AJ Grainger

2015 - Children's Books To Look Forward To

I had a neck injury last week which meant I could only type for short amounts of time. As I have a novel for adults to finish before Christmas this was not the idea situation, although said novel is the very reason I was spending so long every day at my computer. The Catch 22 of a writer’s life. I had to rest my neck at regular intervals. Yes, this does mean I had to lie in bed and for those of you who know me, yes, I was very cranky. I’m not a good patient! However it did mean I got lots and lots of reading done.

Not only did I catch up on books published in 2014, I also read lots of books out in 2015. I’m now pretty much on top of my to-be-read pile for the first time in a year. I have a few yet to be published books to read next (writers looking for feedback) and then my 2014 reading will be complete.

So what goodies should you be looking out for in 2015?

Some Strong YA Titles

captive a j
captive a j

Captive by AJ Grainger (Jan 29th)

Annalie Grainger is my editor at Walker so I was predisposed to like this one but also worried that I wouldn’t. I needn’t have stressed – it’s super. A smart, gripping thriller about a girl called Robyn Knollys-Green who is the daughter of the British Prime Minister. She’s kidnapped by a radical group but one of her captors is not all that he seems.

Annalie has a wonderful voice and Robyn is a flawed yet highly likable heroine. The moral questions in the book are handled deftly and I flew through this one. 8/10

Vendetta by Catherine Doyle (Jan)

Sophie Gracewell’s life changes forever when a family of five boys moves into a house in her neighbourhood. Her father is in jail and her life is not exactly easy. But it’s about to get even more complicated.

Set in Chicago, this is a compelling romance set in the Mafia underworld. Another strong debut, this time by an Irish author. 8/10

The Art of Being Normal by Lisa Williamson

Another debut, with one of the strongest opening pages I’ve read in a long time:

‘One afternoon, when I was eight years old, my class was told to write about what we wanted to be when we grew up . . . This is what I wrote: I want to be a girl.’

I haven’t finished this one yet, but I love the voice and it’s another gripping read. 8/10 so far

All The Bright Places by Jennifer Niven (Jan)

A wonderful book, funny and heartbreaking and real. The main character, Theodore Finch holds the reader’s attention (and heart) right through the book. I love American YA and this is right up there with John Green and Sarah Dessen. 8/10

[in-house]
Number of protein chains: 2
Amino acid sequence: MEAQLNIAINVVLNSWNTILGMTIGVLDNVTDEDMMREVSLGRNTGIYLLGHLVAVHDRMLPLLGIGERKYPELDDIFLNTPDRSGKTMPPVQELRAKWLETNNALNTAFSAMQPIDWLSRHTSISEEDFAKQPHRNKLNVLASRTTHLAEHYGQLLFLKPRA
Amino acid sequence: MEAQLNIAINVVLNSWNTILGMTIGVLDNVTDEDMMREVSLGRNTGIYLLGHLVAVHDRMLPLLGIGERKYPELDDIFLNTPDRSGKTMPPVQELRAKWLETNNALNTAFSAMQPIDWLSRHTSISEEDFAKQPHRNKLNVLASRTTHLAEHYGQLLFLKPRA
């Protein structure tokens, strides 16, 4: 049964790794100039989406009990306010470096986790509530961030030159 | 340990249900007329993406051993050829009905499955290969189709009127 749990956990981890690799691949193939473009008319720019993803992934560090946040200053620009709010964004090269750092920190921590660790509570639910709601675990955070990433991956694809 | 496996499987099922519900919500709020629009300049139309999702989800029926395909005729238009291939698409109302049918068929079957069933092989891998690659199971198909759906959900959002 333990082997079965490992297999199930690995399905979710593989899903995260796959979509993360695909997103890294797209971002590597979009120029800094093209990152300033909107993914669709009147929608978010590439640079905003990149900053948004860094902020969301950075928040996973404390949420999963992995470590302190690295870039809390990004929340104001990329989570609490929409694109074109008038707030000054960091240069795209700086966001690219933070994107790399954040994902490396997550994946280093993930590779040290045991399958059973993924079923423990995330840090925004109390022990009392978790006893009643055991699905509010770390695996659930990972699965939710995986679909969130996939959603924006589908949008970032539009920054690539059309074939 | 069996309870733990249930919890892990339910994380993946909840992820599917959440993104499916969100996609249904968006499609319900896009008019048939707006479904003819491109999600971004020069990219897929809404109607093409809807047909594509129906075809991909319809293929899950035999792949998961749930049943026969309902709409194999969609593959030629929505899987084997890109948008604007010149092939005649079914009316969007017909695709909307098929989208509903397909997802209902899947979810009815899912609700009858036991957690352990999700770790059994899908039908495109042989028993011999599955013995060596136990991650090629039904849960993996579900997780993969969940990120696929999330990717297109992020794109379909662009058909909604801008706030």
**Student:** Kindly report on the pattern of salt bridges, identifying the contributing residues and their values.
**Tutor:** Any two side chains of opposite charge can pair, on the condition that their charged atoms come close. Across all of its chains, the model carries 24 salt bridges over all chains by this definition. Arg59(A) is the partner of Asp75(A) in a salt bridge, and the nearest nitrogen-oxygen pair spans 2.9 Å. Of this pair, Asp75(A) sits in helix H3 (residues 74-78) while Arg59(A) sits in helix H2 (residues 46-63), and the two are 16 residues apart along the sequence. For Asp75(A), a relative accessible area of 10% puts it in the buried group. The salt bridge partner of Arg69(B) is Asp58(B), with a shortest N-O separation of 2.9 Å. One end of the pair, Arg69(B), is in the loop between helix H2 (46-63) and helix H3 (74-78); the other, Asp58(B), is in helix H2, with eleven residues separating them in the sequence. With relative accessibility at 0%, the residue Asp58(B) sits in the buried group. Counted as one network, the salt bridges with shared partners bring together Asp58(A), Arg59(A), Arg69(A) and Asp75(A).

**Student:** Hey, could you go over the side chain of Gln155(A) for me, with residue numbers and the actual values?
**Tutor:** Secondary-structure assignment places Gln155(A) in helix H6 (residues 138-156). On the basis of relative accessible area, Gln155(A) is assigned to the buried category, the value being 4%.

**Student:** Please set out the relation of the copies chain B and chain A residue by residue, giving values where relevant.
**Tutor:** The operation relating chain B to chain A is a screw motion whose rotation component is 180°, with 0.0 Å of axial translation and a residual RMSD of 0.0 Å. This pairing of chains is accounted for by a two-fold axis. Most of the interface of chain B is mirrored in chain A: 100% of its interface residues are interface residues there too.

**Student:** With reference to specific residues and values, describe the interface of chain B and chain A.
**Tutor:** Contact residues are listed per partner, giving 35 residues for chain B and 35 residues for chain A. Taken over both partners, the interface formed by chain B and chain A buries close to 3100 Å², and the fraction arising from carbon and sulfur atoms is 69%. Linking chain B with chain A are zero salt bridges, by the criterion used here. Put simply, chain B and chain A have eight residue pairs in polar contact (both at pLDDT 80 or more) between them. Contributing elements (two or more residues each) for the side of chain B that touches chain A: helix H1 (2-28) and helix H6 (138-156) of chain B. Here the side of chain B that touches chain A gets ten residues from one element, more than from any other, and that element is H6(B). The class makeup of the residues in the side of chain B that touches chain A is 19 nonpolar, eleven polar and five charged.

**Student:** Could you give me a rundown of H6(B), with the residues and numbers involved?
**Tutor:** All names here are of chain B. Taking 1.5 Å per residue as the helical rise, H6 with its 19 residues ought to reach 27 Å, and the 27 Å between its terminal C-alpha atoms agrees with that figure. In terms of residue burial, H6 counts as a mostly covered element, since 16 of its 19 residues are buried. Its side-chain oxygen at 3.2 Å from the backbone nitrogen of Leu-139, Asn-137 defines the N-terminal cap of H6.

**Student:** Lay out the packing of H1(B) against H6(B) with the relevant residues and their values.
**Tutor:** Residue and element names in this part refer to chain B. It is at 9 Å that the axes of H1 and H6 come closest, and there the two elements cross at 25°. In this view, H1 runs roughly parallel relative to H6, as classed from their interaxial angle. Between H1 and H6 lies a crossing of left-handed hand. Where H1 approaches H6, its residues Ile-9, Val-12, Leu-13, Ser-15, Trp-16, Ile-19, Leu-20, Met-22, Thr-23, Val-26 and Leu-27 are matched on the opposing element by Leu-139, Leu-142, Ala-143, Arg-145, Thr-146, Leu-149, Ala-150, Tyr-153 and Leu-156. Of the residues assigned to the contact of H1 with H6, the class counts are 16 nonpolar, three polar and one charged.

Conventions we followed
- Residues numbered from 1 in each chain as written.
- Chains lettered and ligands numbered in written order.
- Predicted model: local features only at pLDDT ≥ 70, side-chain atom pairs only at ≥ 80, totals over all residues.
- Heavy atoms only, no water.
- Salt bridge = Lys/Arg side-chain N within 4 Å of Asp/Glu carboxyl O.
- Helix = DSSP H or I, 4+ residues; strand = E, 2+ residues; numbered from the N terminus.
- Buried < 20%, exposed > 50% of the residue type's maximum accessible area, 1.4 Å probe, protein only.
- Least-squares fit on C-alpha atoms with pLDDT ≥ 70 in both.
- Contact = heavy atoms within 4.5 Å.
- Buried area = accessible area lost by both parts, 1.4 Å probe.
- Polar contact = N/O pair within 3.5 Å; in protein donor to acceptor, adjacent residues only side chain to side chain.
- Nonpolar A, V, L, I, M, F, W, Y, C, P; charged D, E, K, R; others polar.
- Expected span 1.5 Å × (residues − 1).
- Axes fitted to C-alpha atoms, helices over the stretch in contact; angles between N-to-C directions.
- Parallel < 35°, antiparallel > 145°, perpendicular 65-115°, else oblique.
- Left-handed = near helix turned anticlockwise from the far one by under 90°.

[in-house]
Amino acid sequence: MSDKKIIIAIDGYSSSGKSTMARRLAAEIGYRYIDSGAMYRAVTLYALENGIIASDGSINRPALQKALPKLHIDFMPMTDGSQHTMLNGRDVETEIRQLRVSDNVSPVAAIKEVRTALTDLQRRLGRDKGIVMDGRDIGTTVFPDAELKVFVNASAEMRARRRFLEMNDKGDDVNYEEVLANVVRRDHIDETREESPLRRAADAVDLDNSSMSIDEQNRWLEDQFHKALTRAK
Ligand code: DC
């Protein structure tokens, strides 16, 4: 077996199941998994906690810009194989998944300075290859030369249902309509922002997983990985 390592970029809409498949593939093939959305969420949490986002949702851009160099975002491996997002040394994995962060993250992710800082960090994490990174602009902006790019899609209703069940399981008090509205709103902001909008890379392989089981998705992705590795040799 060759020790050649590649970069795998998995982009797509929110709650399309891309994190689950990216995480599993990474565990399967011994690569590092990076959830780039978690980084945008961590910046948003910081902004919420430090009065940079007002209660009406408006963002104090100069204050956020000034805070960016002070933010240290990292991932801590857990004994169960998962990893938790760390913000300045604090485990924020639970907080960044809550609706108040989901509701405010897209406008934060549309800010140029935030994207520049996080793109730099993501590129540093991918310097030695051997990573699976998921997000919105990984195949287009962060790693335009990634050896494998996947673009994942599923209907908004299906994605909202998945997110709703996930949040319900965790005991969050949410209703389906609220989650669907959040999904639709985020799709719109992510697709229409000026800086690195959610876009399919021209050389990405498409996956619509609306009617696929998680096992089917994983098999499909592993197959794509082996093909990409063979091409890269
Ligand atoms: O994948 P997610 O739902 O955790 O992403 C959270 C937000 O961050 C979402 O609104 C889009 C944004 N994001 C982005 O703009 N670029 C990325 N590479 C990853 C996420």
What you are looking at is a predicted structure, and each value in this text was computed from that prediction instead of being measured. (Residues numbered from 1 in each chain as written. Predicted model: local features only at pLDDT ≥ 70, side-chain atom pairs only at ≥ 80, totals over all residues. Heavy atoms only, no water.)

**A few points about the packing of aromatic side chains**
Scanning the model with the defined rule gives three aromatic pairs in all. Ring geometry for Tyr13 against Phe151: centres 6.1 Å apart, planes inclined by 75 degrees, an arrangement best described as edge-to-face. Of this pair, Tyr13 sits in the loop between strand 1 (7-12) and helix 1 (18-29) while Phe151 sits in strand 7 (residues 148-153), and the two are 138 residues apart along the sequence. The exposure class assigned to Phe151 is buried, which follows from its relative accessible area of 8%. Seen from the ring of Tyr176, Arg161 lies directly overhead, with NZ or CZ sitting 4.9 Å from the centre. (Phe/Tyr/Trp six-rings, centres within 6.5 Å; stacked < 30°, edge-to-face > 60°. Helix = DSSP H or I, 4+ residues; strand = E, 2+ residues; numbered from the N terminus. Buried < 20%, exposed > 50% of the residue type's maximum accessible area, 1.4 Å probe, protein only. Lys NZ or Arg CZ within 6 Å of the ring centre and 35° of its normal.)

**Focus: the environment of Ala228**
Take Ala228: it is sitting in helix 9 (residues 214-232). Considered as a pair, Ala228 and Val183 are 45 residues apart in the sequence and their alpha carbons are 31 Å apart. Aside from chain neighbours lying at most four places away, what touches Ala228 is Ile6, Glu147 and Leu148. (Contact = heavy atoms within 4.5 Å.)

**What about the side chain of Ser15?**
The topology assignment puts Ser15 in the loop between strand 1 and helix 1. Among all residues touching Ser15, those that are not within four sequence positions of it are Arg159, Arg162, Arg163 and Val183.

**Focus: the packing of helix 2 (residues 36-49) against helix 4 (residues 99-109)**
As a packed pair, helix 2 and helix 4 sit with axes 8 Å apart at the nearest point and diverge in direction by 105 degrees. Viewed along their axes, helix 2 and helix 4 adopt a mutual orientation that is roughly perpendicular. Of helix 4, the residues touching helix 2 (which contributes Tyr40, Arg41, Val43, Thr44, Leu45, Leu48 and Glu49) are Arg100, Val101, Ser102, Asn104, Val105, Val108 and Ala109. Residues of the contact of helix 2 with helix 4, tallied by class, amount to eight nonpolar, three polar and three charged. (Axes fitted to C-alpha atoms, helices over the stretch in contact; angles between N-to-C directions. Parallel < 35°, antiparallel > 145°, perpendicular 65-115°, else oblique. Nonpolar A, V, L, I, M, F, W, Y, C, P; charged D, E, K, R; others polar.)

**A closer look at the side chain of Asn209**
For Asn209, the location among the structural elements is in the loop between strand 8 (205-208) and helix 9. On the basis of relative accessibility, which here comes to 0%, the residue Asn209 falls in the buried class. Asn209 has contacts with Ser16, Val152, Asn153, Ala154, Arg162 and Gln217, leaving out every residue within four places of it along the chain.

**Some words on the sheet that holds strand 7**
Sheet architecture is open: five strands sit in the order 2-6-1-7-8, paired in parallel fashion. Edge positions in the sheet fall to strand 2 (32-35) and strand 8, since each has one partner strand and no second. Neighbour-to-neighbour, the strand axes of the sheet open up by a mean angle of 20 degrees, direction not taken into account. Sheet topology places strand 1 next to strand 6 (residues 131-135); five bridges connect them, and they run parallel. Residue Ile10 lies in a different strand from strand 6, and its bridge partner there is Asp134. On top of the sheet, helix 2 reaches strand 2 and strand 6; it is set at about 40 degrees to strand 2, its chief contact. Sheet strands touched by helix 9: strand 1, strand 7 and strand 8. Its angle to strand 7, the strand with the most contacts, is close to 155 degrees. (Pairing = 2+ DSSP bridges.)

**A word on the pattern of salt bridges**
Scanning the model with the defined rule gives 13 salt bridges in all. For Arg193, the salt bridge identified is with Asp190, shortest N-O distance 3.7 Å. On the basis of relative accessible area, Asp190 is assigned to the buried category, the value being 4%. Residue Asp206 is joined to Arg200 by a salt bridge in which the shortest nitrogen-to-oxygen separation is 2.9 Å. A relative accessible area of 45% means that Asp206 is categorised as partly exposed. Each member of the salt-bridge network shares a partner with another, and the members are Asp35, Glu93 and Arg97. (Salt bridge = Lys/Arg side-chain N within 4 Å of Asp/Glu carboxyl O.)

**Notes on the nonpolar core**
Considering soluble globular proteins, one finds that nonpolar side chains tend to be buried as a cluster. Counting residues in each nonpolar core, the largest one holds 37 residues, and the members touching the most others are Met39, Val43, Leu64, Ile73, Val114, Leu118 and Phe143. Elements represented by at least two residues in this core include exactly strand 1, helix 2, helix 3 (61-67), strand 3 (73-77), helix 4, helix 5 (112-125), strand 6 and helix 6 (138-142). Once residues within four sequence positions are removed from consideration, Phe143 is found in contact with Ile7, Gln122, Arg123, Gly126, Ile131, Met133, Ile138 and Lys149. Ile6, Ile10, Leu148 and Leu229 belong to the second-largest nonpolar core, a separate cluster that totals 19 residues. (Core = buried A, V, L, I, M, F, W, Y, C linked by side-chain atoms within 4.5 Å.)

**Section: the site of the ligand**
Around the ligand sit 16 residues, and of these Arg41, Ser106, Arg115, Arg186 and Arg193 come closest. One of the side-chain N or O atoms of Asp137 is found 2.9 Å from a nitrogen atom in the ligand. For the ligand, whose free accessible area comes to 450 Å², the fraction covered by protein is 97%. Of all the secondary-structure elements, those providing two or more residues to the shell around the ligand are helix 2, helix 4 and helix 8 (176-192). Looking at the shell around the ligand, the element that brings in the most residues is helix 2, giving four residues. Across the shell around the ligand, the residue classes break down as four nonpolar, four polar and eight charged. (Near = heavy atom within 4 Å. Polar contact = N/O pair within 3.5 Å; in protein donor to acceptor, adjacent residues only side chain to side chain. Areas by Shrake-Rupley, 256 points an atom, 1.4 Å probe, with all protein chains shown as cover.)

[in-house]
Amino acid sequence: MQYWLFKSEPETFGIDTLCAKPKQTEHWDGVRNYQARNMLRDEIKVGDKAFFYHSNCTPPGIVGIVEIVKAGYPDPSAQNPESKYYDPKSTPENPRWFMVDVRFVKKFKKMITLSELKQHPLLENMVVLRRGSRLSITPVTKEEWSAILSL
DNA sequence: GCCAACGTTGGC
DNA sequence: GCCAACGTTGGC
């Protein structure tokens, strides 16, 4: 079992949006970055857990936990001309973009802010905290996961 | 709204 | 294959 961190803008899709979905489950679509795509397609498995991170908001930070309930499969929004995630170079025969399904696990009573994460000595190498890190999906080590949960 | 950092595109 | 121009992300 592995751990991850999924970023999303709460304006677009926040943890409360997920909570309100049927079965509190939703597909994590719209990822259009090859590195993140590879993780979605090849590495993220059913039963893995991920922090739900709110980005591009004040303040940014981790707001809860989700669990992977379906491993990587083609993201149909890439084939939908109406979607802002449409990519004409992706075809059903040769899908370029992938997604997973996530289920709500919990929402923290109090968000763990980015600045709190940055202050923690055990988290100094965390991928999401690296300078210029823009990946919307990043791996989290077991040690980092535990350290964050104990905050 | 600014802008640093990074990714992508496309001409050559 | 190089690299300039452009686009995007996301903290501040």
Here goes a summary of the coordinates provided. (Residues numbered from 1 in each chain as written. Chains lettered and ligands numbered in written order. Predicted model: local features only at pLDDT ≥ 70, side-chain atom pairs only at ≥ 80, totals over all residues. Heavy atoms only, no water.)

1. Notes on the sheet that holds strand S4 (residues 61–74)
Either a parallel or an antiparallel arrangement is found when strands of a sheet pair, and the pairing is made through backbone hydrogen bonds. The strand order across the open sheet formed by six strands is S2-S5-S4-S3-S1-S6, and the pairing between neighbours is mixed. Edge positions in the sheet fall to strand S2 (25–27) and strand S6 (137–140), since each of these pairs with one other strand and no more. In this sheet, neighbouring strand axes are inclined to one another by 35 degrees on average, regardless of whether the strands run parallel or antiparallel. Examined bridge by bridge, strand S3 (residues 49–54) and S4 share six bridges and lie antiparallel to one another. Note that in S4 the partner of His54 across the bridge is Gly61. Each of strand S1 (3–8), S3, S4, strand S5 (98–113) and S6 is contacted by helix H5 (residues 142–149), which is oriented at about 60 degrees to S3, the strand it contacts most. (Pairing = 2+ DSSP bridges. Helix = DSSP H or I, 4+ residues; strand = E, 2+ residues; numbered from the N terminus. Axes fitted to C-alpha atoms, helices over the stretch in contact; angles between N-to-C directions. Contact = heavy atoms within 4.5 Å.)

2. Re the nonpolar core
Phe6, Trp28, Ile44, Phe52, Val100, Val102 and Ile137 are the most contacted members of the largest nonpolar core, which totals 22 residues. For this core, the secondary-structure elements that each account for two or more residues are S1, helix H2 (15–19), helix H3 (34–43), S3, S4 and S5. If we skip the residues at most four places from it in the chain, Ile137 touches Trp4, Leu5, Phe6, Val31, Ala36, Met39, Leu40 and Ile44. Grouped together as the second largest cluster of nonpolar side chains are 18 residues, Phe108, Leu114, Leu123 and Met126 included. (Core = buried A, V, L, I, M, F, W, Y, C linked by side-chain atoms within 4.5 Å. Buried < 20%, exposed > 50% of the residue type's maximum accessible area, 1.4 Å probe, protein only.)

Next on the to-be-read pile is:

Still Falling by Sheena Wilkinson (Feb)

I’ve just started this one and I love it so far. Sheena is such a strong writer and her dialogue sings. 8/10 so far

Age 9+ (Middle Grade)

Darkmouth_Front_RGB2 (1)
Darkmouth_Front_RGB2 (1)

Darkmouth by Shane Hegarty (29th Jan)

Believe the hype. This fantasy adventure yarn is a stunning debut. The relationship between the young hero (anti-hero in fact as the clumsy lad isn’t exactly equipped to save the world), Finn and his father, a famous Legend (monster) hunter, is touching and real, and I adored Finn’s hard-working dentist mum, one of the funniest characters in the book. There are touches of Ghostbusters in the mix, along with some Bond-like gadgets, plus a rather Dickensian setting (the mist-swirling town of Darkmouth).

It’s for slightly younger readers than Skulduggery Pleasant, there’s more family drama and less horror. Hegarty’s writing has an attractive lightness to it, and now and then his clever life observations make you sit up and take notice. It’s slightly slow to get going as there’s a lot of world-building to do, but I can’t wait to read the second book in the series. With a super cover design and a catchy but simple tag line – ‘They’re coming and only Finn can save us. Shame he’s a bit rubbish’, not to mention a cracking first book, I think those clever folk at HarperCollins have another top brand on their hands. 9/10

The 13-Story Treehouse by Andy Griffiths and Terry Denton (29th Jan)

Andy and Terry live in the world’s best treehouse according to the blurb on the back of this book. And after reading the book, I have to agree.

Already a huge hit in their native Australia (360,000 copies sold), this series will make any Wimpy Kid fan happy with its blend of humor and zany illustration. 7/10

The Astounding Broccoli Boy by Frank Cottrell Boyce (March) is also on the to-be-read pile, along with Sarah Bannan’s adult novel, Weightless (March). I'm also looking forward to reading Phil Earle's Demolition Dad.

Plenty to look forward to in 2015 already!

Yours in books,

Sarah XXX